Guest of honor, the wonderful Martin O’Grady who founded the Woodlawn House of Music and Arts, was presented with his award. O’Grady noted that if he were to win the lottery, he would dedicate the earnings to opening more locations. He says he is still a “dreamer,” and he is certainly a huge inspiration to the entire Irish community in New York and will have a lasting influence for many generations to come.
It was finally time to announce winner of the title of the 2012 New York Rose. All the girls lined up on stage and, unprompted, held hands as we waited anxiously for the winner to be revealed. Sean Ruane teased it out for a few moments, but he finally revealed it was Anne- Marie Lynch, cueing hugs and congratulations from us girls.
Anne-Marie, born in New York, was raised in County Cavan in Ireland. She wowed the audience with her beautiful rendition of ‘Caledonia’ to which she sang and played the guitar.
While there could only be one winner for the New York Rose, the common motto goes that ‘Once a rose, always a rose.’ The fourteen other girls and I who competed undoubtedly formed a bond and were already chattering about when and where our next reunion will be.
Of course, there are many thank yous to be had for the whole experience. Michelle Carroll fearlessly stepped up and is now affectionately known as ‘Mama Rose’ for organizing several events in the months prior to selection day that not only raised publicity about the New York Rose competition, but helped foster new friendships. Unateresa Gormley organized the New York Rose center and its selection with help from Ursula McIntyre at Empire Casino in Yonkers. 2012 roses Erin Loughran (New York), Orlaith Carroll (Limerick) and Caitlin McNeill (Big Apple) all also dedicated their time and efforts to creating a great event and making us contestants feel welcome. Surely, countless others were a part of the big day, all of whom deserve many thanks as well.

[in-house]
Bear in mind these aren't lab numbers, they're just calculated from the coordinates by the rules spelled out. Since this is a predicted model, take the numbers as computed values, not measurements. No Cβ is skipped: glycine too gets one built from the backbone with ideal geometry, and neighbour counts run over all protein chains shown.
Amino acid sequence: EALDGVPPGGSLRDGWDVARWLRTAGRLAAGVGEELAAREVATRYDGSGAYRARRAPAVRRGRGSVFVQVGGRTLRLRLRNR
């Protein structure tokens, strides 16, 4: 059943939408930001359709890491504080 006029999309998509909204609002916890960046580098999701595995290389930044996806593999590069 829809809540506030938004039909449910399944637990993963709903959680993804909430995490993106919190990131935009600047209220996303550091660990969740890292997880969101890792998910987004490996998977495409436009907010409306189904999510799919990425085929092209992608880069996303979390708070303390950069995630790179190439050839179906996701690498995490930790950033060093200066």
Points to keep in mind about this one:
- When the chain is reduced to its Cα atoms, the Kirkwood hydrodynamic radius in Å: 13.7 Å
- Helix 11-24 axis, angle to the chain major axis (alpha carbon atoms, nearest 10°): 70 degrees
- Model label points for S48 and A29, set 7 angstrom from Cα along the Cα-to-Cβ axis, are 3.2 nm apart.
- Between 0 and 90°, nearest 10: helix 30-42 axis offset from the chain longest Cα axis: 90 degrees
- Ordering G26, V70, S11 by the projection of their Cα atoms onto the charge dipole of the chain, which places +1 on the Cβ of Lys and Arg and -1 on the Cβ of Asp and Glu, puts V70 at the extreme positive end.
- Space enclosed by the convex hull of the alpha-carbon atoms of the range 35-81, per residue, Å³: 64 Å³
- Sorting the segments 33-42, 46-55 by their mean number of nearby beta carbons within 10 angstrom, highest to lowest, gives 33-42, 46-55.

Undoubtedly, some naysayers have said that the Rose of Tralee competition as a whole is outdated and even antiquated. While I’m personally not much of a fan of pageants myself, the Rose of Tralee competition is in a league of its own. As a competition, if you can even call it that, it looks for the brightest young women who are aiming to make an impact within their communities. With that and its ever welcome tourism boost in Ireland, I hope to see the Rose of Tralee contest around for many more years to come.
Three million people in the world are descended from one Irish High King